With a House vote looming on an NRA-backed bill to allow gun owners to carry concealed weapons across state lines, Mayor Tim Dougherty joined women’s organizations at Morristown town hall on Wednesday to urge Rep. Rodney Frelinghuysen (R-11th Dist.) to vote no.
“There comes a time where our elected officials have to stand up for what’s right, and not what a special interest group wants to pass,” said Dougherty, calling HR 38 “disastrous for the state.
“It’s bad for the country, in my eyes, and I believe it’s really bad for New Jersey, and for law enforcement,” he said, likening America to the Wild West. “It seems like we’re going backwards and not going forwards.”
The gathering was among several organized across the country by former Arizona Congresswoman Gabby Giffords–who survived a 2011 shooting–and her husband, retired astronaut Mark Kelly.
On its website, the National Rifle Association on Monday exhorted supporters to press legislators to support HR 38, which Republicans attached to a bipartisan measure to tighten federal background checks in the wake of last month’s massacre of 25 Texas churchgoers and the October shooting in Las Vegas that left 58 dead and wounded hundreds.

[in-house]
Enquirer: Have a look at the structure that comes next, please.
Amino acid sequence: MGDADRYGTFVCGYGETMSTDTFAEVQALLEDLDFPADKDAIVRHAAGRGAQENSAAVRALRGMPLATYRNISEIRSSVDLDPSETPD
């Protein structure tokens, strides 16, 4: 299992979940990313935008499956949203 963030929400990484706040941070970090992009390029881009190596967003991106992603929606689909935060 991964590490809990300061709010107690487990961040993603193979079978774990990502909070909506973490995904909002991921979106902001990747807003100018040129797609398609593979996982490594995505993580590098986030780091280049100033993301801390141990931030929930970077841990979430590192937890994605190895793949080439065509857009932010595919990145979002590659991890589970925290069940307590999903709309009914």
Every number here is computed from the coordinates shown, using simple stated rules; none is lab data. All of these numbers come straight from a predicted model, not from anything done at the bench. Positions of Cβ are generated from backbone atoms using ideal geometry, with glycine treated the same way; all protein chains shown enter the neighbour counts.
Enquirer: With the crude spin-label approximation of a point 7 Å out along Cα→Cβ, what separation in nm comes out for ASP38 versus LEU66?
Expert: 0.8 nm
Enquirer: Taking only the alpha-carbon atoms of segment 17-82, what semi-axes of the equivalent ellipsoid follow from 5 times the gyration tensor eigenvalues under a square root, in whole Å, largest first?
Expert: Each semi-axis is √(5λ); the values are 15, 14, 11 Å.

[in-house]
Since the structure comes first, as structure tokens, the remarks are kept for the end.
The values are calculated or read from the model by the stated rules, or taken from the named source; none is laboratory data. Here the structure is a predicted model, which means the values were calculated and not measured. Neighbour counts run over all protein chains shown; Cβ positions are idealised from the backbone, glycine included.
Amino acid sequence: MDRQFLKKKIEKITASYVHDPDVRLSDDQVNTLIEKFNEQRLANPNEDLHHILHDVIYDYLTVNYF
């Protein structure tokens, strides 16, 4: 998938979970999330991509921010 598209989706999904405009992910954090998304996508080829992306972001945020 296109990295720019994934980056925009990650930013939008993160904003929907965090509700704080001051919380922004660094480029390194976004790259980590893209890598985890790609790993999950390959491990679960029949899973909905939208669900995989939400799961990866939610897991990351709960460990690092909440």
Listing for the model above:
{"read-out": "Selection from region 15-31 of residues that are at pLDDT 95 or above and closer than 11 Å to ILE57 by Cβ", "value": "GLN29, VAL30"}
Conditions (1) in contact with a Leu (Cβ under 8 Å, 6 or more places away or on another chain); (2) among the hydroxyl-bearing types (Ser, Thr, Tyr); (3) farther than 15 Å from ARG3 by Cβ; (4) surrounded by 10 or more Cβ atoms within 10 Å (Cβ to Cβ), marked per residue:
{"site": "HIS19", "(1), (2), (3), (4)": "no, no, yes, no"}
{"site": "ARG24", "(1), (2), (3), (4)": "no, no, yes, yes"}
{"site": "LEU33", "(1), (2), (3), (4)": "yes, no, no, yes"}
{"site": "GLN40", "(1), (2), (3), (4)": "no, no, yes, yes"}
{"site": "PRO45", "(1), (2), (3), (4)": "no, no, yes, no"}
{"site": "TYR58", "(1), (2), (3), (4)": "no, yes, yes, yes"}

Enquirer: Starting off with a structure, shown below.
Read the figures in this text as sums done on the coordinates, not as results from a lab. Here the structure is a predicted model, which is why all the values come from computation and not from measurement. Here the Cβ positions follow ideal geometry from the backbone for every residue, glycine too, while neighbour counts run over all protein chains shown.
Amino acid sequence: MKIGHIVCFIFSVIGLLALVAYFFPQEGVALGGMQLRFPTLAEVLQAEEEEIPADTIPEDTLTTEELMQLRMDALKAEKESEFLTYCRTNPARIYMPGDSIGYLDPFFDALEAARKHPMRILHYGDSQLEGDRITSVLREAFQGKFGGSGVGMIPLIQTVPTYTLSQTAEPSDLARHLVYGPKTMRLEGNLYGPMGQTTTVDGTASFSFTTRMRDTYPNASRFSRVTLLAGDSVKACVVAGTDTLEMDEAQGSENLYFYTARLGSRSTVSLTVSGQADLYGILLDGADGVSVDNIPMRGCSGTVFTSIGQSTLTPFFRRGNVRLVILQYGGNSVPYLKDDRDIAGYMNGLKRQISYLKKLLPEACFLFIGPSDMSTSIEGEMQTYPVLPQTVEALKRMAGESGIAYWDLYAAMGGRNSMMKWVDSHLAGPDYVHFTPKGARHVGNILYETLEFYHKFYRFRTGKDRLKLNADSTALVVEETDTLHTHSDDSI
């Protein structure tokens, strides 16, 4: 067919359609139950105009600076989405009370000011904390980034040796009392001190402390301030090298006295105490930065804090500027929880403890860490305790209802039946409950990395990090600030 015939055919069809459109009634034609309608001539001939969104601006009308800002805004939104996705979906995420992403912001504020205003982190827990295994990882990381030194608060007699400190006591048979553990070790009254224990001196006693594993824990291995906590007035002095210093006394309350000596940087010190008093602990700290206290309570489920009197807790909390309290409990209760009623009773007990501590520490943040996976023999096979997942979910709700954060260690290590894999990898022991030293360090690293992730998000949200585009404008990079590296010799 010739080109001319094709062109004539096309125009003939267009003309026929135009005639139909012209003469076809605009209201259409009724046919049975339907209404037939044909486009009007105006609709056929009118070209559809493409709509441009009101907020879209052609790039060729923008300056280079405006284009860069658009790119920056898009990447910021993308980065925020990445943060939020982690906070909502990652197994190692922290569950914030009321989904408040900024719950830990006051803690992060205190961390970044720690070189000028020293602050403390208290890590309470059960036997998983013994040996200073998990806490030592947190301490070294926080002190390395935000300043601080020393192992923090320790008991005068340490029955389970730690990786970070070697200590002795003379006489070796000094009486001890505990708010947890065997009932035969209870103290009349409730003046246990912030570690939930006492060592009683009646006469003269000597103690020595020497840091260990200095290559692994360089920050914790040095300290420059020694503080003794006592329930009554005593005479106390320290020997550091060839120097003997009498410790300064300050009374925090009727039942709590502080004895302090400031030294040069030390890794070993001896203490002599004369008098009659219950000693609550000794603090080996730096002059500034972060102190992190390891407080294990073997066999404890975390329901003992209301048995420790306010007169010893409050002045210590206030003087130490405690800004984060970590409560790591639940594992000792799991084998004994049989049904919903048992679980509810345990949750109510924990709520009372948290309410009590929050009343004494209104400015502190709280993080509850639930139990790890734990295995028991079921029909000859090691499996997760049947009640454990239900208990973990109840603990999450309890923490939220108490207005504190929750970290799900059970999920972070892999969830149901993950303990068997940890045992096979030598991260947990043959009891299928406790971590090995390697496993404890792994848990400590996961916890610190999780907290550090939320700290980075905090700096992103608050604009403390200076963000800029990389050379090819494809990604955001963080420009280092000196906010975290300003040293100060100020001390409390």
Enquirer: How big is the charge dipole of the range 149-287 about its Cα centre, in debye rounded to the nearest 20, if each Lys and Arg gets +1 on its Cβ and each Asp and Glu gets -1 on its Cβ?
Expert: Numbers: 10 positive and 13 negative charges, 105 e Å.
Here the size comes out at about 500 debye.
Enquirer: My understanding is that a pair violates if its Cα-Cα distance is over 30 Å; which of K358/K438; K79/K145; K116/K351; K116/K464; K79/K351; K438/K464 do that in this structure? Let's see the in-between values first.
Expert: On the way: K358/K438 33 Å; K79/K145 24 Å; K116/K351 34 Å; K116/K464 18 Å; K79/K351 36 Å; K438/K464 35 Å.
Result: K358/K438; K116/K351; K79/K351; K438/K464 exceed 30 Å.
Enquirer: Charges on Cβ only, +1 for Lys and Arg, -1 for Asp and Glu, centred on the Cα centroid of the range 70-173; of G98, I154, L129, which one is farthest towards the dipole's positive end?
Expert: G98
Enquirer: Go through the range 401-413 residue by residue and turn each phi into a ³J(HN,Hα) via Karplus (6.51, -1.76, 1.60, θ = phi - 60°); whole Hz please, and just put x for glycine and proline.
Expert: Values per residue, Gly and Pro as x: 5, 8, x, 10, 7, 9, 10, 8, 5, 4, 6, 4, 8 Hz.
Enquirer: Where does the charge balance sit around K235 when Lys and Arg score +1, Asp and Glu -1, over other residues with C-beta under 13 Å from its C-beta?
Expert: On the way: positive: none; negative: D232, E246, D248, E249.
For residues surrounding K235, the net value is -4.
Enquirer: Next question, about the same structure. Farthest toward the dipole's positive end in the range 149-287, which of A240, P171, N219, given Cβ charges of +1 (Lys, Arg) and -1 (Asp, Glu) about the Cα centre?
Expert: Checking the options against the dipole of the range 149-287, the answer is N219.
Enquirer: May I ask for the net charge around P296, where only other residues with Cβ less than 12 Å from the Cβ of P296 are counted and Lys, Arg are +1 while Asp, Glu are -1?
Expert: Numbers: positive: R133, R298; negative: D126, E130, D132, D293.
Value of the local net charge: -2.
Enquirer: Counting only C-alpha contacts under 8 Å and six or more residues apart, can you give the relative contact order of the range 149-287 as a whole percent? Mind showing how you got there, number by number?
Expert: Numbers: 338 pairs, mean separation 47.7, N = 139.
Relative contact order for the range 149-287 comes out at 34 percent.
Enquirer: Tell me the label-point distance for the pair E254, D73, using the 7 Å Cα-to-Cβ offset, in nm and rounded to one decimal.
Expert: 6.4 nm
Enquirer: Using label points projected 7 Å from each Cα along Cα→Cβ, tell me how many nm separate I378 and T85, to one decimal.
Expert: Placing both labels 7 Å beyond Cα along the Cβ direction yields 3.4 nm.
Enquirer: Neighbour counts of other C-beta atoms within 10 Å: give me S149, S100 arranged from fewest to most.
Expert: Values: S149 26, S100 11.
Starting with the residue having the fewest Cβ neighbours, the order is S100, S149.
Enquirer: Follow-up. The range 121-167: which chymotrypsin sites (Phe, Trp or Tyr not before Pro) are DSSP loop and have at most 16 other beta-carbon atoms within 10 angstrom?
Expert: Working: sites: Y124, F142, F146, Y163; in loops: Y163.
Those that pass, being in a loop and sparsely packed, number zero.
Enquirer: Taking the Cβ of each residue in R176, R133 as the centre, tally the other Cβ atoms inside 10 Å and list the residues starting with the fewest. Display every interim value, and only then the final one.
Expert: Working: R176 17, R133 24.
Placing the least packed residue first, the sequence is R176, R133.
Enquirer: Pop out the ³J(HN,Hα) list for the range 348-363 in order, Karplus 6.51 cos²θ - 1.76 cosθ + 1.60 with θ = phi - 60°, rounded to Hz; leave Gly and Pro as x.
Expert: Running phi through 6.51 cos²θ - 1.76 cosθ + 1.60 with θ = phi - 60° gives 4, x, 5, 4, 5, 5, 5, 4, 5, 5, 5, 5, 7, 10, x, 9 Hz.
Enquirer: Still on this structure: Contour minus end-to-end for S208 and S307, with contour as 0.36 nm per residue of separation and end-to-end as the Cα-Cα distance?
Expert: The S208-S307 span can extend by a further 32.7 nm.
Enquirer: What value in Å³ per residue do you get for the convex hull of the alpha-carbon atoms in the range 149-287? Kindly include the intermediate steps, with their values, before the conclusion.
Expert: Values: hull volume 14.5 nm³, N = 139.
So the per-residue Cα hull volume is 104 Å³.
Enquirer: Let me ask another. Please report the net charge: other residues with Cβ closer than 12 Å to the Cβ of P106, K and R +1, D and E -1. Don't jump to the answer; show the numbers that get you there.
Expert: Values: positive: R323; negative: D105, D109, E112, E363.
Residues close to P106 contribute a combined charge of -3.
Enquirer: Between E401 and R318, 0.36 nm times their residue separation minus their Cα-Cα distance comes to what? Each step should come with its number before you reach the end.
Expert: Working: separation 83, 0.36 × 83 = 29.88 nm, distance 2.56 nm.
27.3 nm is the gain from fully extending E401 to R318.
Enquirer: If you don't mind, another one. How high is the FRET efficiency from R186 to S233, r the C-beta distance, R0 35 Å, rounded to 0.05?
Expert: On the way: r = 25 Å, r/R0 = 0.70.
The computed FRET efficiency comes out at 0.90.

“Your fundamental right to keep and bear arms should not end at the state line. This bill would ensure that law-abiding citizens do not lose the ability to protect themselves when they travel from state to state. And it would ensure that anti-gun jurisdictions do not harass travelers for exercising their constitutional rights,” the NRA stated.
But representatives of groups comprising the New Jersey Coalition to End Domestic Violence said HR 38 would enable gun owners from states with weak requirements to carry weapons into the Garden State, where laws are more stringent.
They pointed to West Virginia where, unlike New Jersey, anyone 21 or older can carry a concealed weapon without a background check, permit or firearms training. Nor can a violent person be denied permission for concealed carry in that state, absent any convictions or protective orders, according to Giffords’ organization.
“Instead of elevating our protections for domestic violence victims, passing the HR 38 Conceal Carry Reciprocity Act would bring us down to the lowest standards in the country,” said Regina Braham, vice president of the New Jersey Battered Women’s Service Inc.
Domestic violence accounts for more than half of all Morris County murders, and more than 80 percent of those since 2010 were committed with a gun, she said.
In a statement, state Senate Majority Leader Loretta Weinberg (D-37th Dist.) called HR 38 “appalling…absolutely reprehensible” and posing “severe public safety consequences” for New Jersey.
Organizations at Morristown included the Essex chapter of the National Council of Jewish Women, Mom’s Demand Action for Gun Sense in America, the National Organization for Women and NJ 11th for Change.
Frelinghuysen’s office did not respond to a request for comment.